Research: Stronglycorrelated quantum matter: quantum magnetism, coherence phenomena in biological systems, quantum spin nets and qubits. One of the most exciting challenges in physics is to devise networks of 'qubits' (ie., quantum 2level systems) which can behave as a quantum information processing system. In our view the most promising candidates for the qubits are electronic and/or nuclear spins, provided the fundamental problem of decoherence can be brought under control.
See: N.V. Prokof'ev, P.C.E. Stamp, Theory of the Spin Bath Rep. Prog. Phys. 63, 669726 (2000). 

Bill Unruh
Professor of Physics Office Tel.: (604) 822 email: 
Research: Quantum Mechanics and General Relativity.  
Konrad Walus
Associate Professor in Electrical Engineering Office Kaiser 4038 Tel.: (604) 8224060 email: 
Research: Konrad Walus has contributed to the development of design tools,
theoretical models, and circuits for an emerging nanotechnology based on the
coupled dynamics of locallyinteracting finitestate nanostructures, specifically
the paradigm called quantumdot cellular automata (QCA). QCA has demonstrated
some benefits to traditional CMOS based technologies for realizing high density
logic including lower predicted power dissipation and scaling limits in the atomic
size range. QCA has also been explored as a platform for conducting quantum
information processing and this work is still ongoing. QCA devices and circuits
have been realized in several platforms including coupled metallicislands,
nanomagnetics, and more recently in silicon.
See: Marco Taucer, Faizal Karim, Konrad Walus, Robert A. Wolkow, Consequences of Manycell Correlations in Treating Clocked Quantumdot Cellular Automata Circuits/span>, arXiv:1207.7008 (cond mat). 

Jeff Young
Professor of Physics Lab: AMPEL, Tel.: (604) 8228779 email: young@phas.ubc.ca 
Research: NanoPhotonics. My group develops waveguidebased optical "circuits" that concentrate and manipulate infrared radiation on micrometre length scales. Much of our past work has focussed on demonstrating how the nanophotonic components of these circuits can be used to enhance the effective interaction strength of light and electrons, as evidenced by the observation of nonlinear optical responses at power levels much lower than typically required in bulk materials. Our main QI related project incorporates colloidal, 5 nm diameter PbSe quantum dots, siteselectively located in a photonic crystal microcavity fabricated in silicononinsulator wafers, as discrete quantum oscillators that preferentially decay by exciting a photon in the microcavity. This photon is then efficiently coupled to a single mode silicon waveguide that can transport the photon with low loss to other circuit elements on the chip. With further development, this could be developed into a room temperature, integrated singlephoton source.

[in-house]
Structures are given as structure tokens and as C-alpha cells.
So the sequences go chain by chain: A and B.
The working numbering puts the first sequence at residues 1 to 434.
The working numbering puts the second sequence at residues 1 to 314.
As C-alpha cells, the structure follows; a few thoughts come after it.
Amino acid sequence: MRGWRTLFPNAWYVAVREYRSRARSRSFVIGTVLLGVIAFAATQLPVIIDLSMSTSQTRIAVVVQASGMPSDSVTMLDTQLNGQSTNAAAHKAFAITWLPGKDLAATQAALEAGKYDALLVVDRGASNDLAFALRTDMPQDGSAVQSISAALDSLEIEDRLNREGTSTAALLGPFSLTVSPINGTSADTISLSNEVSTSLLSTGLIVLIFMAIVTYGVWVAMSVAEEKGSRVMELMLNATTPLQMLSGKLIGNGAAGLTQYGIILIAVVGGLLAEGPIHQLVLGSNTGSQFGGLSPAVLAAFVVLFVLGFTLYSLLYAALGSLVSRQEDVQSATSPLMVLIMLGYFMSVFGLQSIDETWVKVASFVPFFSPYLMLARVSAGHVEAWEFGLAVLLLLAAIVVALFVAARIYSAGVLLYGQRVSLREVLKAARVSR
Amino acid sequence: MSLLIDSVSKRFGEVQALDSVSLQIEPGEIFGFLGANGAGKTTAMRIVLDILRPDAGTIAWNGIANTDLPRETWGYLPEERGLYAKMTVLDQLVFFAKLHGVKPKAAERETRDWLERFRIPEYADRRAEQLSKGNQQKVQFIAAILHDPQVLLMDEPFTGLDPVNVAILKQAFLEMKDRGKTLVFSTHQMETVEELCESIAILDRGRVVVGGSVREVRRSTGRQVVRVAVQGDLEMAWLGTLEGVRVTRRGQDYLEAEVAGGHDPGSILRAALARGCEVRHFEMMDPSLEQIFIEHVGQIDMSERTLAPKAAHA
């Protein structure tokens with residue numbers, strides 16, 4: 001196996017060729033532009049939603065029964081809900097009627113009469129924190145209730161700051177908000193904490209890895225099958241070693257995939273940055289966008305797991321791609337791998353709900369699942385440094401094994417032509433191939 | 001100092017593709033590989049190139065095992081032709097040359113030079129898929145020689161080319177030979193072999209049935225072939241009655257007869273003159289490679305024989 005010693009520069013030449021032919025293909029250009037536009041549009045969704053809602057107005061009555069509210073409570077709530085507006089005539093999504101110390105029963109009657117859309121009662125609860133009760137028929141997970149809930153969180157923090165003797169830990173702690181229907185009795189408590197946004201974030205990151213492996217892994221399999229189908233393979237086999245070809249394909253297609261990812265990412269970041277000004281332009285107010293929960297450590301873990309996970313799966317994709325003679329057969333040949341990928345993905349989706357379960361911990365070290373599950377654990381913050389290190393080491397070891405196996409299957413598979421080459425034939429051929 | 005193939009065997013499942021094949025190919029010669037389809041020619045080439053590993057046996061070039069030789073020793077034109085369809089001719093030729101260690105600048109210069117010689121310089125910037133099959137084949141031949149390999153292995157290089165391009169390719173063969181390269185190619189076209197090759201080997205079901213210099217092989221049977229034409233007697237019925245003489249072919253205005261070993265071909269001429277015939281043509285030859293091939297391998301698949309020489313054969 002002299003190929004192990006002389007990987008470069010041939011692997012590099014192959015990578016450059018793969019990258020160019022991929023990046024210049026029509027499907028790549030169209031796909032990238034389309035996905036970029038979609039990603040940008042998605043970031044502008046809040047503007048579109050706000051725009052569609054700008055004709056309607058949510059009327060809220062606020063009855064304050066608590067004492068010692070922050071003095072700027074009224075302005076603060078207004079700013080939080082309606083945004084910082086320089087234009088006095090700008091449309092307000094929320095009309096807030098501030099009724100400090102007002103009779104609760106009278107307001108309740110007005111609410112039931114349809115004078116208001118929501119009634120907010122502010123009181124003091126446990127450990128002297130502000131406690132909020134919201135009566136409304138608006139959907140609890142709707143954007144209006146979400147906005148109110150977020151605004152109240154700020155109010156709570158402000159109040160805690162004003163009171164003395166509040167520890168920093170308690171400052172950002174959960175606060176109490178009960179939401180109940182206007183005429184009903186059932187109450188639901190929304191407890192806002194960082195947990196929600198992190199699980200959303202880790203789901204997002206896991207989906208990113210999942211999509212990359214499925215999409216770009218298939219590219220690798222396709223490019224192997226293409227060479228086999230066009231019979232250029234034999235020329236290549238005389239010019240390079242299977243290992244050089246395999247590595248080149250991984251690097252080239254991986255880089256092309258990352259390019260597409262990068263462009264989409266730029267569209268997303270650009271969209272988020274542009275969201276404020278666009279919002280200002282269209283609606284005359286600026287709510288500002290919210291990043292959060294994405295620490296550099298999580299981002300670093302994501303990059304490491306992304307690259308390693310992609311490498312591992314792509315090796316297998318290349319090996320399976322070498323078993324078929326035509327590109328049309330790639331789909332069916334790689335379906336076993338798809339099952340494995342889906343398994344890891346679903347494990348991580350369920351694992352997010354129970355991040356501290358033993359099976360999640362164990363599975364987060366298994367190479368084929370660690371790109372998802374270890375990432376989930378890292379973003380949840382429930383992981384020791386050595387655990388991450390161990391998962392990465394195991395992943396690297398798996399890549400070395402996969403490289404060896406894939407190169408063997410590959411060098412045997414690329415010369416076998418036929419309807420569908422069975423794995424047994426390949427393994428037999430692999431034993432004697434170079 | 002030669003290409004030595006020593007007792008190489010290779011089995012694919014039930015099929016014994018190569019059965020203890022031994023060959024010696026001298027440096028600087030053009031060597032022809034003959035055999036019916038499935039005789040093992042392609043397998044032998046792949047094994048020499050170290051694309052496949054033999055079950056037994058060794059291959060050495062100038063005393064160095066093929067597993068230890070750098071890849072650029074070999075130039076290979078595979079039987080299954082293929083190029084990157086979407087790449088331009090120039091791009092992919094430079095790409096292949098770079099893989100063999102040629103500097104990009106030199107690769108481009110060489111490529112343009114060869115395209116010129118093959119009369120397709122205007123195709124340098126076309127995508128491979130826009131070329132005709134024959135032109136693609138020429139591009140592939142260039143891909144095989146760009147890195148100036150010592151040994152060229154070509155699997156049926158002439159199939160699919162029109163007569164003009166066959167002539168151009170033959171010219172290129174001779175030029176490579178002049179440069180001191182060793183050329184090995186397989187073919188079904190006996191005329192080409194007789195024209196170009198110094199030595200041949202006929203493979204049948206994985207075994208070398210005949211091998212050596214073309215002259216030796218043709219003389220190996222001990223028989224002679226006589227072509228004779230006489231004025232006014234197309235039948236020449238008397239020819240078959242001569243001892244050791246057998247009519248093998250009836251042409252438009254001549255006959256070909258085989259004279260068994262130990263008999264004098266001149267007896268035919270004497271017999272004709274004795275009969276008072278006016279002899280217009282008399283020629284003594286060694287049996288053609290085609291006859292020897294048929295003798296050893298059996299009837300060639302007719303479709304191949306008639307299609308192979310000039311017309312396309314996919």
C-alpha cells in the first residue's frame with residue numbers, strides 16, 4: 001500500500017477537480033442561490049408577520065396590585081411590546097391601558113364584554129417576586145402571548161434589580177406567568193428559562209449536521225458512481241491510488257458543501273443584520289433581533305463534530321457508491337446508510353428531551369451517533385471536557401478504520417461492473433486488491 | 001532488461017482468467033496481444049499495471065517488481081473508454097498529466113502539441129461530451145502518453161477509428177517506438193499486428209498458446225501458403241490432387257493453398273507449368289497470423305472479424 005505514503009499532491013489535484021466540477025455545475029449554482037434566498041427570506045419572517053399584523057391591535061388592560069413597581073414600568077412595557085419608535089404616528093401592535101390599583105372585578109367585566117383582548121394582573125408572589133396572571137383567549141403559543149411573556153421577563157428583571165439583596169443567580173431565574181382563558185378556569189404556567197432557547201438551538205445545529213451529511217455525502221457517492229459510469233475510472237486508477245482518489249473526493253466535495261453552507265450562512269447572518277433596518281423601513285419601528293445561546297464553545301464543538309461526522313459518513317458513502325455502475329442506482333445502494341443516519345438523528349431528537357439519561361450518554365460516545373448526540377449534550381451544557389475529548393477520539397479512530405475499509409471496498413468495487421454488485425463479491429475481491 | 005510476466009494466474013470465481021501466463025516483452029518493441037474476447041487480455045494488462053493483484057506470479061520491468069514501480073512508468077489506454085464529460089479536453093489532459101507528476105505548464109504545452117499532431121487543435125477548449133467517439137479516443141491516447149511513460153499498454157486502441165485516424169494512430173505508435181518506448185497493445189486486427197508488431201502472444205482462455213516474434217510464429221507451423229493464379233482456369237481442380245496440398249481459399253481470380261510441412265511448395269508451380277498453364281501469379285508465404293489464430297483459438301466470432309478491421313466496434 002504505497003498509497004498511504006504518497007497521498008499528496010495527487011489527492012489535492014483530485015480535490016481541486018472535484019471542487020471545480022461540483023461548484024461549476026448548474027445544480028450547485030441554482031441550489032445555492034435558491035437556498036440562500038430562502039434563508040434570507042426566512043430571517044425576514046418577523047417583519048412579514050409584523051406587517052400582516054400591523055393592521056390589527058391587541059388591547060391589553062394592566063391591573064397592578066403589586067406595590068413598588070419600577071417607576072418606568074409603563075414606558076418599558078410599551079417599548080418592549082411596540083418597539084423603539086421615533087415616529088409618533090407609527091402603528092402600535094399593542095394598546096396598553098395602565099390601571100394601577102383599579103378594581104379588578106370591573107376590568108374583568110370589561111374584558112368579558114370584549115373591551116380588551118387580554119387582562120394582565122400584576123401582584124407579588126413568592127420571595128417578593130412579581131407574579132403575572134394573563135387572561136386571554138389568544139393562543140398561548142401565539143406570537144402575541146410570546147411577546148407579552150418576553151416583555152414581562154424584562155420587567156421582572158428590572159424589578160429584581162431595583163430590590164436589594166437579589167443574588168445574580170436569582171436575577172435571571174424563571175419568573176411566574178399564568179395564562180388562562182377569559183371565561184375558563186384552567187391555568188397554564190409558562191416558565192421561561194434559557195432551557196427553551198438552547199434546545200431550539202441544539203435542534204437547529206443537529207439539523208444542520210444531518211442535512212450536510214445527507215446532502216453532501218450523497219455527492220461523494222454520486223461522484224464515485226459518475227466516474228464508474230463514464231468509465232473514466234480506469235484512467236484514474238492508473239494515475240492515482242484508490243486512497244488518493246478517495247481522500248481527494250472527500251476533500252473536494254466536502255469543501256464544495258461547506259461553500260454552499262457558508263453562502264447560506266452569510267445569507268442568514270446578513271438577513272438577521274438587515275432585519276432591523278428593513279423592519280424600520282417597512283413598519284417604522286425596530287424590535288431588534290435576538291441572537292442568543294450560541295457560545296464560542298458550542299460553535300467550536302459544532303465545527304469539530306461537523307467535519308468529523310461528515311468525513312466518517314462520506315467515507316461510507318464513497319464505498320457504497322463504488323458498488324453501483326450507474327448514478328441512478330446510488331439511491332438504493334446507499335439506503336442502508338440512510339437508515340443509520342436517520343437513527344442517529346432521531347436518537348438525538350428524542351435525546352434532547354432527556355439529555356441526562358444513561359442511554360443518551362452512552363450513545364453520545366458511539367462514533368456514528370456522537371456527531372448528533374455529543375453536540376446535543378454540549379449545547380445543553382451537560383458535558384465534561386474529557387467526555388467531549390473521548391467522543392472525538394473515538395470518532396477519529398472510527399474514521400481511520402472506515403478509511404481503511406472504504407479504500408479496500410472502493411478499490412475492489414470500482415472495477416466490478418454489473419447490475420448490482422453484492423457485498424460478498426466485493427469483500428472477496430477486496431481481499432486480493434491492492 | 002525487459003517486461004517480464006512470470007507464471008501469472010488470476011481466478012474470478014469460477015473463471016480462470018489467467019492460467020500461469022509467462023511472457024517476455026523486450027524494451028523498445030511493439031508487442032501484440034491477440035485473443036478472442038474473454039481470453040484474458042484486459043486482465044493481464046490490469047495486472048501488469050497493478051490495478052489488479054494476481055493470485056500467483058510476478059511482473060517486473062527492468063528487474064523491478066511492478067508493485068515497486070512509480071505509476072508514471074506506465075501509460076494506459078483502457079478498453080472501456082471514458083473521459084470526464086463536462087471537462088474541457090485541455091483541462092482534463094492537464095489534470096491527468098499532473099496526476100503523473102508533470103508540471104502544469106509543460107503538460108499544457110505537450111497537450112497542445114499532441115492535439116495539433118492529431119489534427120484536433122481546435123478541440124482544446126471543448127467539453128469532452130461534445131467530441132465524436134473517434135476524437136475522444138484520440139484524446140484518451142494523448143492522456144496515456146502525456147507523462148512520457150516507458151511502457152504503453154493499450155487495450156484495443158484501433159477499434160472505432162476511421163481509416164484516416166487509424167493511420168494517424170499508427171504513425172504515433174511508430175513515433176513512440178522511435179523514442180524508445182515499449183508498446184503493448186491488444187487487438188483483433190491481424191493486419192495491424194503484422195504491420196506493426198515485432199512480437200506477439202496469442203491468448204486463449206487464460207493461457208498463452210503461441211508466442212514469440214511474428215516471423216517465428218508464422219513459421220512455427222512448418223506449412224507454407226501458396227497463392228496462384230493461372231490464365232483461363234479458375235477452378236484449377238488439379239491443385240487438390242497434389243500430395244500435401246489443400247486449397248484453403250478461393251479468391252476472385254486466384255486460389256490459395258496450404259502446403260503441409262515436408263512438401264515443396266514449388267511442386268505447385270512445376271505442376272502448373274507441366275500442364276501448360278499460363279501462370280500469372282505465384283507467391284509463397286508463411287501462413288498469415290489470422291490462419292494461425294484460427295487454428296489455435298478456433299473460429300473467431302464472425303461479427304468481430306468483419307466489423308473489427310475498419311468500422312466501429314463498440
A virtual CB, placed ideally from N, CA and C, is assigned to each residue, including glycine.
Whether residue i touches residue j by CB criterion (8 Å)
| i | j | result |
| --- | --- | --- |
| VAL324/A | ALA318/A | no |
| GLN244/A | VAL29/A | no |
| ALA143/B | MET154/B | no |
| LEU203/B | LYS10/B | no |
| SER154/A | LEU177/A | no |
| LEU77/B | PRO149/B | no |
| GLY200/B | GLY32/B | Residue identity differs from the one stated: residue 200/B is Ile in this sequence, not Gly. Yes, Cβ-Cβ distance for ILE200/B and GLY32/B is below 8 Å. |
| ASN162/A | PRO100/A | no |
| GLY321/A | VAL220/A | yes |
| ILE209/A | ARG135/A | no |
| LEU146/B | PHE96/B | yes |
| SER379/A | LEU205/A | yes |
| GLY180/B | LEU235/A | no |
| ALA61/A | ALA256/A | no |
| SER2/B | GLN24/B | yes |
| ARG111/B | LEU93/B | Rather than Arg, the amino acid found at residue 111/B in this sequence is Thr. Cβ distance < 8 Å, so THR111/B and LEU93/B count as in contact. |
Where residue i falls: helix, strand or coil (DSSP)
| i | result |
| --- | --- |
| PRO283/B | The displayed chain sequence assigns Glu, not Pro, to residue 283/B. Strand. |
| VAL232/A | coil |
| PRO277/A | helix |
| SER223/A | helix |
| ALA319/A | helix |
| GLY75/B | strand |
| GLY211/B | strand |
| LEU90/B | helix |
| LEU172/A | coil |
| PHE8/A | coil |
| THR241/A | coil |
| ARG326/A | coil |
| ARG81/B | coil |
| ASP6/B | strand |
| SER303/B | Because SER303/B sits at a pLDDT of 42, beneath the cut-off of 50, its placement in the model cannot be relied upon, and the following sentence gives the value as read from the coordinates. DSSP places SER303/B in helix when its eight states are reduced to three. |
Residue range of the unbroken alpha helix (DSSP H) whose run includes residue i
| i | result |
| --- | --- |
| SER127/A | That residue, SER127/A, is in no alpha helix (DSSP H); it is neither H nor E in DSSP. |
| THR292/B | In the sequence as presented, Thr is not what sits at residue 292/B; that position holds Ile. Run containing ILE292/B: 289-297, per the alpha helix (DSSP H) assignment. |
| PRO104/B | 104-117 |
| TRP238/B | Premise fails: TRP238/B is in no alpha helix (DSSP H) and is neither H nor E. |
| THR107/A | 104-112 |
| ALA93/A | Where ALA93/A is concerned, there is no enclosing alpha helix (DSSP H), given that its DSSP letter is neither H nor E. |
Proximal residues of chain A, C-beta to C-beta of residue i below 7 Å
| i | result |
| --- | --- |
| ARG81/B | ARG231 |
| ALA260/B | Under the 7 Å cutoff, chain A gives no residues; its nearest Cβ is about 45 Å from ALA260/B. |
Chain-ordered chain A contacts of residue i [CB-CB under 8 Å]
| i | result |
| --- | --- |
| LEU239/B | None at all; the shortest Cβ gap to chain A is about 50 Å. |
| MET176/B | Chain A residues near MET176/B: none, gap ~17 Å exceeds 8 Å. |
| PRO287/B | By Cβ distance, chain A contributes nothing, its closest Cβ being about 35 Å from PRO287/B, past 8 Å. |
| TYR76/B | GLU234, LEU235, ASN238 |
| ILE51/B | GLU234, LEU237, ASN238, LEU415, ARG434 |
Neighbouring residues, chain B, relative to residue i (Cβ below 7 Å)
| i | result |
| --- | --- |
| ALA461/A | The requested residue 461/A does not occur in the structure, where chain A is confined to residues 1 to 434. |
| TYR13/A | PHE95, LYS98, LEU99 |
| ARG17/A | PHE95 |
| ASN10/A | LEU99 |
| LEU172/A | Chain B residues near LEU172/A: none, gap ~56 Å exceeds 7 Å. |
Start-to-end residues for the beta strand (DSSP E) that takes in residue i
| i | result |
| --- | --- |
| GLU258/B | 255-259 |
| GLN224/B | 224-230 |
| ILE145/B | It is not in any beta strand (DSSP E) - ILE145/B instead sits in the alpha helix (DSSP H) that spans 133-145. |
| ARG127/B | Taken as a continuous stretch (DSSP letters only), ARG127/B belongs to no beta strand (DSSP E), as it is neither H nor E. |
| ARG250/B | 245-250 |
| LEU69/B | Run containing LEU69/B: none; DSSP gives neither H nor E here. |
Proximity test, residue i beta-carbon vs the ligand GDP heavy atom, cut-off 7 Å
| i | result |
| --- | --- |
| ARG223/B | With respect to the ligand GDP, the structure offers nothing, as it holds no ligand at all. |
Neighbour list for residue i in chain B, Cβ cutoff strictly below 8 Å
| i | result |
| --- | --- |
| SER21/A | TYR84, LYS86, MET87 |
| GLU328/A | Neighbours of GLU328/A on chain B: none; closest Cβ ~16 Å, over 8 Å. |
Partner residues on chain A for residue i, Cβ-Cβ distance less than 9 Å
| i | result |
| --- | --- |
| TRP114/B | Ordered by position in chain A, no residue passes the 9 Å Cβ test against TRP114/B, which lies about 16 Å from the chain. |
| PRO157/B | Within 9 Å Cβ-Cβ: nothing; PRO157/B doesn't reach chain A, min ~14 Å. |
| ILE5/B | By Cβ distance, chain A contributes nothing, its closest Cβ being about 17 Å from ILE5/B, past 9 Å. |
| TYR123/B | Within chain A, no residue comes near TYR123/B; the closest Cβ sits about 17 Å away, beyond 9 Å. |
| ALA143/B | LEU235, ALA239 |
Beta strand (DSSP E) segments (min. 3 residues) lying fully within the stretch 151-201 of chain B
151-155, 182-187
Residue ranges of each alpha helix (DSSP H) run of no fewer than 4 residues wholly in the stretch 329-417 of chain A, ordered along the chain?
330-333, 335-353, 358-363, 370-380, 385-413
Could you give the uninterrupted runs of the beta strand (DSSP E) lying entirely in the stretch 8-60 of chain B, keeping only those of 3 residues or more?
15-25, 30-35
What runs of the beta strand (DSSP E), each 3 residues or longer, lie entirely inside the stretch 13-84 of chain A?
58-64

Fei Zhou
Associate Professor in Physics Office Hennings 345 Tel.: (604) 8225098 email: 
Research in QI: To understand the dynamics of atombased fault tolerant quantum information storages and quantum computers; and to design topological quantum computing states in optical lattices.  
Postdocs  
Raouf Dridi
Postdoc email: dridi.raouf[at]gmail[dot]com. 
Research: Quantum Foundations and computer algebra.  
Leon Loveridge
Postdoc email: Leon[at]phas[dot]ubc[dot]ca 
Research: Quantum Measurement Theory.  
Vijay Singh
Postdoc (Main appointment with Petr Lisonek/ SFU Math) email: vijay.k.1[at]gmail[dot]com 
Research: Quantum coding theory. The LU/LC conjecture.  
Students  
Poya Haghnegahdar
Graduate Student (PhD) email: phaghneg[at]phas[dot]ubc[dot]ca 
Research: quantum information. Quantum codes and tensor networks.  
Cihan Okay
Graduate Student at PIMS Supervisor: Alejandro Adem Office: WMAX 208, Tel: 6048220411 email: okay[at]math[dot]ubc[dot]ca 
Research: My research interest in Algebraic Topology can be summarized as group cohomology and homotopy colimits of classifying spaces. As for physics and quantum information, my interest is in topological quantum computation.  
Arman Zaribafiyan
Graduate Student (Masters) email: zaribafiyan[at]gmail[dot]com 
Research: Faulttolerant quantum computation.